Bluesdoodles rating: 4 Doodle Paws – There’s a lot going on in these 5 numbers! Listening to these varied tracks ensures the E.P. is filed under B for brilliant.
This is the third release by the South London R&B trio, following on from their two previous albums, and, while this is only an EP, it has more variety and rich content than you’ll find in most long players. This is music that restores your faith in the power of music to lift you up and put a smile on your face while making your twinkle toes tap away to the beat.
It’s often amusing when musicians give a short description of what each song on their latest releases are about. Regardless of whatever deep-felt emotion, they may allegedly have felt when composing, the music often fails to live up to the promise of the ideas. In the case of this crew, while the music initially appears to be played with a charming and vibrant looseness, you quickly realise that there are some really interesting things going on, both lyrically and musically. For instance, how many blues bands do you know that feature a Senagalese musician playing a gourd kora (a lute-like instrument), which is the case here on “Can’t Cry No More” which features some beautiful interplay between Diabel Cissokho (guess which instrument he’s playing), who appeared courtesy of the internet and “CJ” Williams on acoustic guitar. The rhythmic accompaniment by “Sammy” Samuels on this track is brilliant.
“Mickey Two Suits” is a great title, and even more fun more when you learn that it’s taken from a list of banned customers from a now closed but once popular boozer, the Herne Hill Tavern. This harmonica driven instrumental has the sort of melodic groove that I could listen to all day long. No doubt they lock this down tighter than a rusted nut when playing live. The variety of these songs is again displayed on the next track in sequence, the haunting “Way to Lose”, which has a hypnotic picked guitar part in some kind of open tuning, accompanied by harp playing that sounds like the distant cry of a train heading through a dark night (Joff Watkins on harmonica is top notch throughout). It’s a lovely track and reminds me of something that John Renbourn might have played with Pentangle. “Show time” is a jaunty number in a very un-blues like waltz time signature, a dance hall drama.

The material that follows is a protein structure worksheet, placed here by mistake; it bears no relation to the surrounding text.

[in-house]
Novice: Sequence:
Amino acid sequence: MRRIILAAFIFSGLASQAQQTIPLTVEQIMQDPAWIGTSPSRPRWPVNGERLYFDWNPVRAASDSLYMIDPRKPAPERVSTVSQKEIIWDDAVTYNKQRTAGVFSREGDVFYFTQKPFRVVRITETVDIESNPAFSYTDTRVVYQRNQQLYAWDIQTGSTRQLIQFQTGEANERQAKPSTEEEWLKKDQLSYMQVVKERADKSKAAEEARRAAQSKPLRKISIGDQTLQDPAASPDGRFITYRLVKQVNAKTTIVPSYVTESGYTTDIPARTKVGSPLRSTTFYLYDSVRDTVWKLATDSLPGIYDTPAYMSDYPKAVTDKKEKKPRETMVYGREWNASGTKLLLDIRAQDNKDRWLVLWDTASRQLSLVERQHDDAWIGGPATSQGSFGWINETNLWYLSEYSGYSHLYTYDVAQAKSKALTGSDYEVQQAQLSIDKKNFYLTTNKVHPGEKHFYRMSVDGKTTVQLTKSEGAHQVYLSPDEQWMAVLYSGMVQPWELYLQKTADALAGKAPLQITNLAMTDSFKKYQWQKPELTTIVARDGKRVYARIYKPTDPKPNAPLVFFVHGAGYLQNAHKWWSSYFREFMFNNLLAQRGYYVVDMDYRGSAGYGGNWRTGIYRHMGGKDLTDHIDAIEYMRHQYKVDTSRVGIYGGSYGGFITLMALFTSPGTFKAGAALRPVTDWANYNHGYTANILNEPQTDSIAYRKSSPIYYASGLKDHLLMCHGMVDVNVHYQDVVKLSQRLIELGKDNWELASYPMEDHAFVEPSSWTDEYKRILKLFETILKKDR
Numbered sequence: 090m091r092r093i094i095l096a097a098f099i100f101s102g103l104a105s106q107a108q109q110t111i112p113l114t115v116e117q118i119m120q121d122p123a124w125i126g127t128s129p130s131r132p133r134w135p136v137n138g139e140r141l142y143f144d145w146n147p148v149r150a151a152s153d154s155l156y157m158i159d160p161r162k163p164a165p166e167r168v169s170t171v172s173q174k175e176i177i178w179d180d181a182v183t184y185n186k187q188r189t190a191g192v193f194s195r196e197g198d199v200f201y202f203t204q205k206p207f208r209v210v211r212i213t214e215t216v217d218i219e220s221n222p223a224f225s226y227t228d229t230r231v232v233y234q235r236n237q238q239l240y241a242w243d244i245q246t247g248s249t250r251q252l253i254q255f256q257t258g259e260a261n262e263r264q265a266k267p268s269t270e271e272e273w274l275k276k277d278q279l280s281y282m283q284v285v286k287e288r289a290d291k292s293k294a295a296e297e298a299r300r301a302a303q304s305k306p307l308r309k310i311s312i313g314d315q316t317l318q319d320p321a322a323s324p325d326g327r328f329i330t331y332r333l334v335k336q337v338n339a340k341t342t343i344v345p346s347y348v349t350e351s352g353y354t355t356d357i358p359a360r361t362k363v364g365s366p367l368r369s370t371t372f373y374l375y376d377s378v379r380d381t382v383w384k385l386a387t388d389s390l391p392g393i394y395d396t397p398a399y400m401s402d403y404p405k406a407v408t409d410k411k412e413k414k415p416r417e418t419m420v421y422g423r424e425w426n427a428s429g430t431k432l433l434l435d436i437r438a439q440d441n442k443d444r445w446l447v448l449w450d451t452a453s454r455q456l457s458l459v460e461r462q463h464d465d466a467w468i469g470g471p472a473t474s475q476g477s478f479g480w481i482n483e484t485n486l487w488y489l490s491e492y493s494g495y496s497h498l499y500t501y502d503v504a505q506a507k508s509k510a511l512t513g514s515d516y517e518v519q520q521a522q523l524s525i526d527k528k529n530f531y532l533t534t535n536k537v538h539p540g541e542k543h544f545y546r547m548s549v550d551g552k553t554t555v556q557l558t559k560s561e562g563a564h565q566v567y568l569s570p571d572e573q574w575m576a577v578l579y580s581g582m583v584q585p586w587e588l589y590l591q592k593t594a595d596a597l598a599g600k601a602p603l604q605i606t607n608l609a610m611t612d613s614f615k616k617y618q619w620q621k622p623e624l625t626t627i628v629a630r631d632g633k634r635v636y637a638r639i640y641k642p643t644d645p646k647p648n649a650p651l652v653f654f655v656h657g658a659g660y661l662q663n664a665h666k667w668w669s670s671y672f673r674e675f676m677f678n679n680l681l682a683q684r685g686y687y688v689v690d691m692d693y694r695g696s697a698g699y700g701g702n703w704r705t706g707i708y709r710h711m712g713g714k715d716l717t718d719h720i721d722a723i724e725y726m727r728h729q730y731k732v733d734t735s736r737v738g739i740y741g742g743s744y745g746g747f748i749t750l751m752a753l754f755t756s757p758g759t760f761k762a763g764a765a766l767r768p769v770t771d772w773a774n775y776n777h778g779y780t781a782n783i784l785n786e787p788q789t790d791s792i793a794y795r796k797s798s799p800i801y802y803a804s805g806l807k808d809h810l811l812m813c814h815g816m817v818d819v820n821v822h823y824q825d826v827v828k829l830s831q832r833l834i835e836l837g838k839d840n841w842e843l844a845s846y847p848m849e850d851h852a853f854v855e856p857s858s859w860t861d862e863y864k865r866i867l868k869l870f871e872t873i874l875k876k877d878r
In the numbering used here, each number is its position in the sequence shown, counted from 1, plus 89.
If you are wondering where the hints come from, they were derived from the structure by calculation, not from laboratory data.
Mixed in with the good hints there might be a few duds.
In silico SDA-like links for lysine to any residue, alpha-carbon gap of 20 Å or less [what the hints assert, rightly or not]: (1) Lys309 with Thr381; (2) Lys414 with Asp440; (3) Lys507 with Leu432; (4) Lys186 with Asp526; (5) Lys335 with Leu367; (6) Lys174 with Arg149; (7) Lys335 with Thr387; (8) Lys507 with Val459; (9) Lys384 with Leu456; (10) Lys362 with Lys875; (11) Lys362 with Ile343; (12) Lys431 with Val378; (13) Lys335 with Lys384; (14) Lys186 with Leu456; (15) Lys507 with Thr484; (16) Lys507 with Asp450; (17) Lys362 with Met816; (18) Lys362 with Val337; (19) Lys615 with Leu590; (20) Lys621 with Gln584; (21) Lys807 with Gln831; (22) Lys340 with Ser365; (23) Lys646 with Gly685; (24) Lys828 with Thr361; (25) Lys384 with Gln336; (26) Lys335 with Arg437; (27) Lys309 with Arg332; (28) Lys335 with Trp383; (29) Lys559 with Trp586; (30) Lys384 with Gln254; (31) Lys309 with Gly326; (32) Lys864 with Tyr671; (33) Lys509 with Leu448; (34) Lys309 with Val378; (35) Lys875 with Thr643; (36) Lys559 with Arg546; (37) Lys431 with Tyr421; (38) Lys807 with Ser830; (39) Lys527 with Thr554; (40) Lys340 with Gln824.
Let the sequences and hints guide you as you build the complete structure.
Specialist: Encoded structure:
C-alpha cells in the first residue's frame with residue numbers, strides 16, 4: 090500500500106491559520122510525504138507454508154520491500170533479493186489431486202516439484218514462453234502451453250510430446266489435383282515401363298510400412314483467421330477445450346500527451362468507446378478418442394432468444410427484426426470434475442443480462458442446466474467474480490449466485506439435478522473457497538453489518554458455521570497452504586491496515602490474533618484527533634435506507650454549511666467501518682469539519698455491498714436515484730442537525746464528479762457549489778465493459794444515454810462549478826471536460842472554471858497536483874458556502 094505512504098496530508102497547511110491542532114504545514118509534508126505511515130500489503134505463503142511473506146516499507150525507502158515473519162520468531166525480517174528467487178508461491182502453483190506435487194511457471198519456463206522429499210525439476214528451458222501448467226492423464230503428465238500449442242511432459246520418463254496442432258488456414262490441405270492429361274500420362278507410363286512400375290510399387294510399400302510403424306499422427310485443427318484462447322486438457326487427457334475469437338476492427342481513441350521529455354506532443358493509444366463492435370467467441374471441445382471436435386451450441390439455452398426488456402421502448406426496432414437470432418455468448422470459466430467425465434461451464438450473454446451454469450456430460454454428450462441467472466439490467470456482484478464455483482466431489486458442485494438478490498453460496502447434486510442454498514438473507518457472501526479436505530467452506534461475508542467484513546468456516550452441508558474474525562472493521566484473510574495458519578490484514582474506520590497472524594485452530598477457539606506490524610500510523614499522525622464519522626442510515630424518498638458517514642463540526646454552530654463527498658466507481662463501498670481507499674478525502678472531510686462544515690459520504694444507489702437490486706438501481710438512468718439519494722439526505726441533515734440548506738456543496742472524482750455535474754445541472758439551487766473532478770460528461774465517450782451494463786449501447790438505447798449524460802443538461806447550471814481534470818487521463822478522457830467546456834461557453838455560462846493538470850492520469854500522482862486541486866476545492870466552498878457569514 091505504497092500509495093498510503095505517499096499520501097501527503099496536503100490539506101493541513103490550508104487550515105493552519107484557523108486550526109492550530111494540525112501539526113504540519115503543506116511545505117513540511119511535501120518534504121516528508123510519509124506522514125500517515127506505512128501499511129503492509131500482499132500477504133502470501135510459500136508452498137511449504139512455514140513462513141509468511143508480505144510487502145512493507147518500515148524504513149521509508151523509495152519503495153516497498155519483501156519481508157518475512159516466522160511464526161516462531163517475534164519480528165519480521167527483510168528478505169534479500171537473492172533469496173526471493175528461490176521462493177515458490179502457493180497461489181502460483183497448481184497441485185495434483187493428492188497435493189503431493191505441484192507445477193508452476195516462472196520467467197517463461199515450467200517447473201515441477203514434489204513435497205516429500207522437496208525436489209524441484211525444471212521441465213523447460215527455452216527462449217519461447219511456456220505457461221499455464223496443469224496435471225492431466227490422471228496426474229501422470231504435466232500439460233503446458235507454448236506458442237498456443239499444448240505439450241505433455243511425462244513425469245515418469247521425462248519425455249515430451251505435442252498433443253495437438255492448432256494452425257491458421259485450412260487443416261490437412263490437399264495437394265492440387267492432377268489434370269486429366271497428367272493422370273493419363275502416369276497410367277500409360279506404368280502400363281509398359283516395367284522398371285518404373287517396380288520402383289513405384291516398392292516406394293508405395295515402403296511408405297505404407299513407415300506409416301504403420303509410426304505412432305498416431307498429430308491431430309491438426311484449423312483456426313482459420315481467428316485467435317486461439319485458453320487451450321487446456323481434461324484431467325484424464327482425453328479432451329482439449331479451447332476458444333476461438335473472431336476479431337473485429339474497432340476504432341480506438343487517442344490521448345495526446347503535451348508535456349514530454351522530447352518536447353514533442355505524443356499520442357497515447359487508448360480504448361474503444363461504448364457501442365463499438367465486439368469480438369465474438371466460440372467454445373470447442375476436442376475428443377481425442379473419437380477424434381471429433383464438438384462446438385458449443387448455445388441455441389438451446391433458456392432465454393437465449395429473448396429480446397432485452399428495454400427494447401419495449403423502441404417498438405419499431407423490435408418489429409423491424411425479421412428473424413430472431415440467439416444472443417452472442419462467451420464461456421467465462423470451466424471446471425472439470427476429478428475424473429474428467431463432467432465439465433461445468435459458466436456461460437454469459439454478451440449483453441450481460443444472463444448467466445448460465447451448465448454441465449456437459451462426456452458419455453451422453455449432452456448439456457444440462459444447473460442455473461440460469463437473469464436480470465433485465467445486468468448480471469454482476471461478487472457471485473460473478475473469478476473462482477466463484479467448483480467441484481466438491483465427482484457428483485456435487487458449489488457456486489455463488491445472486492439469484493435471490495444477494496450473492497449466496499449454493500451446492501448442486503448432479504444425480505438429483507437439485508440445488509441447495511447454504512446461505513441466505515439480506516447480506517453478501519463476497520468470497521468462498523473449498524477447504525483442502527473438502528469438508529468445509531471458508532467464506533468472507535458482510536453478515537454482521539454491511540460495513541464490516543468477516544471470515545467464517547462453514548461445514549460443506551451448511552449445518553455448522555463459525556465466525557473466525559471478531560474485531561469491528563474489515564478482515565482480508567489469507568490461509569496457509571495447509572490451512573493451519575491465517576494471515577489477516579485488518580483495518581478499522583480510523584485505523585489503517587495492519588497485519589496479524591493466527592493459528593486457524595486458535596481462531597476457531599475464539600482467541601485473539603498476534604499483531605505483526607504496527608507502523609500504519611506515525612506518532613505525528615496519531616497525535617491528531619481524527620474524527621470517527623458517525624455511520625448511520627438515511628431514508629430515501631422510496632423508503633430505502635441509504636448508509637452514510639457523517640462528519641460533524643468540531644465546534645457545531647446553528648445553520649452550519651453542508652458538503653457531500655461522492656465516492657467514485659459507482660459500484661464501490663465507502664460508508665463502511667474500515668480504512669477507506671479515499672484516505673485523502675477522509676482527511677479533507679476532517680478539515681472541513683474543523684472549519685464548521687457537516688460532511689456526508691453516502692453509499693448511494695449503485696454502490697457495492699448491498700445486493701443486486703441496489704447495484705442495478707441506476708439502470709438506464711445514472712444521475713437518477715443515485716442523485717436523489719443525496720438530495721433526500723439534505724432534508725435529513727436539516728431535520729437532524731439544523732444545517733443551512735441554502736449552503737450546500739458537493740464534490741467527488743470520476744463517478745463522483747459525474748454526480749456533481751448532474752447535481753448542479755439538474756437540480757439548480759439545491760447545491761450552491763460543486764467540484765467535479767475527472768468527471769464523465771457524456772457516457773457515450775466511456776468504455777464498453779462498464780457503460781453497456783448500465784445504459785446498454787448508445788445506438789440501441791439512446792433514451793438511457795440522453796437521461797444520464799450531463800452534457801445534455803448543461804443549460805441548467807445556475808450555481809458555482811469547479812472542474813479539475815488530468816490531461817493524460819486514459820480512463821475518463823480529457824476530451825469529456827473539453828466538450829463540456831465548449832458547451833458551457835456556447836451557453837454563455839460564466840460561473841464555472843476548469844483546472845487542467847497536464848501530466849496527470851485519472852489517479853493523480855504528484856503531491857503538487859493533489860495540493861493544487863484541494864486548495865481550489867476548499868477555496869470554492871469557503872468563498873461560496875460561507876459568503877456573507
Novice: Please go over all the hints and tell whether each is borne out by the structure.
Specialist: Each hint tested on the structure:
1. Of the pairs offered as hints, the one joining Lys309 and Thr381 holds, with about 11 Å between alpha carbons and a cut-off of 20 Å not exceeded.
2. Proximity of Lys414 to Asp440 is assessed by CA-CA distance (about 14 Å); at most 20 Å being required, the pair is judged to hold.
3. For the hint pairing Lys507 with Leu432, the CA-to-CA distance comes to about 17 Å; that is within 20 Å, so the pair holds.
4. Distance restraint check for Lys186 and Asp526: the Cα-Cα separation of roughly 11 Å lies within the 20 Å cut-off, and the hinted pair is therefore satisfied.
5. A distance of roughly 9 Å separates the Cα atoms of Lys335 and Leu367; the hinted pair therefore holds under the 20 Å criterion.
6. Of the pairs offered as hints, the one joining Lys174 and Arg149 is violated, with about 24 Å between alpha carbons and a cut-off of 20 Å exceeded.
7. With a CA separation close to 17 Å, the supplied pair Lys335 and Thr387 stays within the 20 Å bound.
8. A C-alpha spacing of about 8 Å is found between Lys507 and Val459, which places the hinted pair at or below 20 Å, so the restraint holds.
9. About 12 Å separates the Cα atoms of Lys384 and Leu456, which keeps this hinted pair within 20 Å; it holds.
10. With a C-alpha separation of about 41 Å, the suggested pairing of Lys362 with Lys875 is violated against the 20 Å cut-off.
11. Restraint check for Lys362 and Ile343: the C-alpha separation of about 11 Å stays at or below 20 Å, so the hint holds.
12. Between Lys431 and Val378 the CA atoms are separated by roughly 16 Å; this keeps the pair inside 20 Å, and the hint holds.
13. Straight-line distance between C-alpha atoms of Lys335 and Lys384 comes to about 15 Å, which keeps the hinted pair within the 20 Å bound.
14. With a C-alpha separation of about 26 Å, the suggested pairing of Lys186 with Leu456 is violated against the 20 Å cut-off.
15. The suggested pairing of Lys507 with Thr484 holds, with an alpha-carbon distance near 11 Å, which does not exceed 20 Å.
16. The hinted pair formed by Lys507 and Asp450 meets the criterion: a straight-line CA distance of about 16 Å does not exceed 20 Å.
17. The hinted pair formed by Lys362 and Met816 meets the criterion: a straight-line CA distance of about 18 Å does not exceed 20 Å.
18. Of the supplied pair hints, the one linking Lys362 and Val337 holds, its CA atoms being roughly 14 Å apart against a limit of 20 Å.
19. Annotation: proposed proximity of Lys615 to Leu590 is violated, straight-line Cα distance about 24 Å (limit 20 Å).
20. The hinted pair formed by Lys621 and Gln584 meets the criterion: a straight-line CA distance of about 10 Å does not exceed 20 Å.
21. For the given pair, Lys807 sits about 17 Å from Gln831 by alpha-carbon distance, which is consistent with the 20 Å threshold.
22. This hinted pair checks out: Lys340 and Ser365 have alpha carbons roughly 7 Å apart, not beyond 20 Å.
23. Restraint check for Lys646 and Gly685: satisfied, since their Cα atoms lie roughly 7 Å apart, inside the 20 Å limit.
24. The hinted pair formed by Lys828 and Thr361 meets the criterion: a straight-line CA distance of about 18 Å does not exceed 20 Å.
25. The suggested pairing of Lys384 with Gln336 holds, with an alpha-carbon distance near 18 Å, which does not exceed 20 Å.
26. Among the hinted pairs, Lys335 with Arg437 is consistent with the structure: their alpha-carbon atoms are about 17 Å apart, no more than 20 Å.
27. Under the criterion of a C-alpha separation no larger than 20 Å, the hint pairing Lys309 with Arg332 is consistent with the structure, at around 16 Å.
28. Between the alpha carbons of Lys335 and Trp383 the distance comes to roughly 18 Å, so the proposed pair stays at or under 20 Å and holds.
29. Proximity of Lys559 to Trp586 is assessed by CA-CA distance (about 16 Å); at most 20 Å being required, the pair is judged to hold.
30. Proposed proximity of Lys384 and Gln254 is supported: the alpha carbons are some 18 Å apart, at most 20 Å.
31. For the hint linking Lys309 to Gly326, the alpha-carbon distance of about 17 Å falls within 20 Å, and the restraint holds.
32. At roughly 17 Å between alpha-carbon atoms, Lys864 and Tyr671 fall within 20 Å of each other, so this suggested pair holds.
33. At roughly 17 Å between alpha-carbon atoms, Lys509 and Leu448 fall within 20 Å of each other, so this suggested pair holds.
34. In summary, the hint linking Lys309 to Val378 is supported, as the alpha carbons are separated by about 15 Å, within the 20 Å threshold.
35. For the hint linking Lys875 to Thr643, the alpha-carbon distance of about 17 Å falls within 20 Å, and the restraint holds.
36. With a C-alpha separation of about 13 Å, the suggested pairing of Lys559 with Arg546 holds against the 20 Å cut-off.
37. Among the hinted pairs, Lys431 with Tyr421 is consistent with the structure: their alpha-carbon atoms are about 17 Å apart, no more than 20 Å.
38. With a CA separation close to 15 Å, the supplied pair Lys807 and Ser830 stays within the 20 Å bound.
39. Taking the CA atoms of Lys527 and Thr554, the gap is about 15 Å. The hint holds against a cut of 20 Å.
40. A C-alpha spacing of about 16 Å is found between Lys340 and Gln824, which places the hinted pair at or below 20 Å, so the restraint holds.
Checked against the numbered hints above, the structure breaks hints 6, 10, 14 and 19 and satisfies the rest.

I love it that the opening track “Ain’t Done Yet” was an attempt to do a contemporary song along the lines of Frank Sinatra’s “It was a Very Good Year”. There’s a lot going on in this song lyrically but, if there is one criticism of what is an excellent release, is that the singing throughout is more functional than inspiring and lacks a bit of clarity. This is a great track though, featuring some superb catchy sax riffs (played by guest Chris Rand), not to mention a guitar break, that like other tracks on this, isn’t a traditional “look at me” solo as such, but instead is, a musical passage where the musical soundscape shifts dramatically from S London to Mali, influenced by Ali Farka Toure. There’s a lot going on in these 5 numbers! Listening to these varied tracks really makes me want to catch these gents live. File under B for brilliant.
Ain’t Done Yet
Mickey Two Suits
Way To Lose
Can’t Cry No More (radio edit)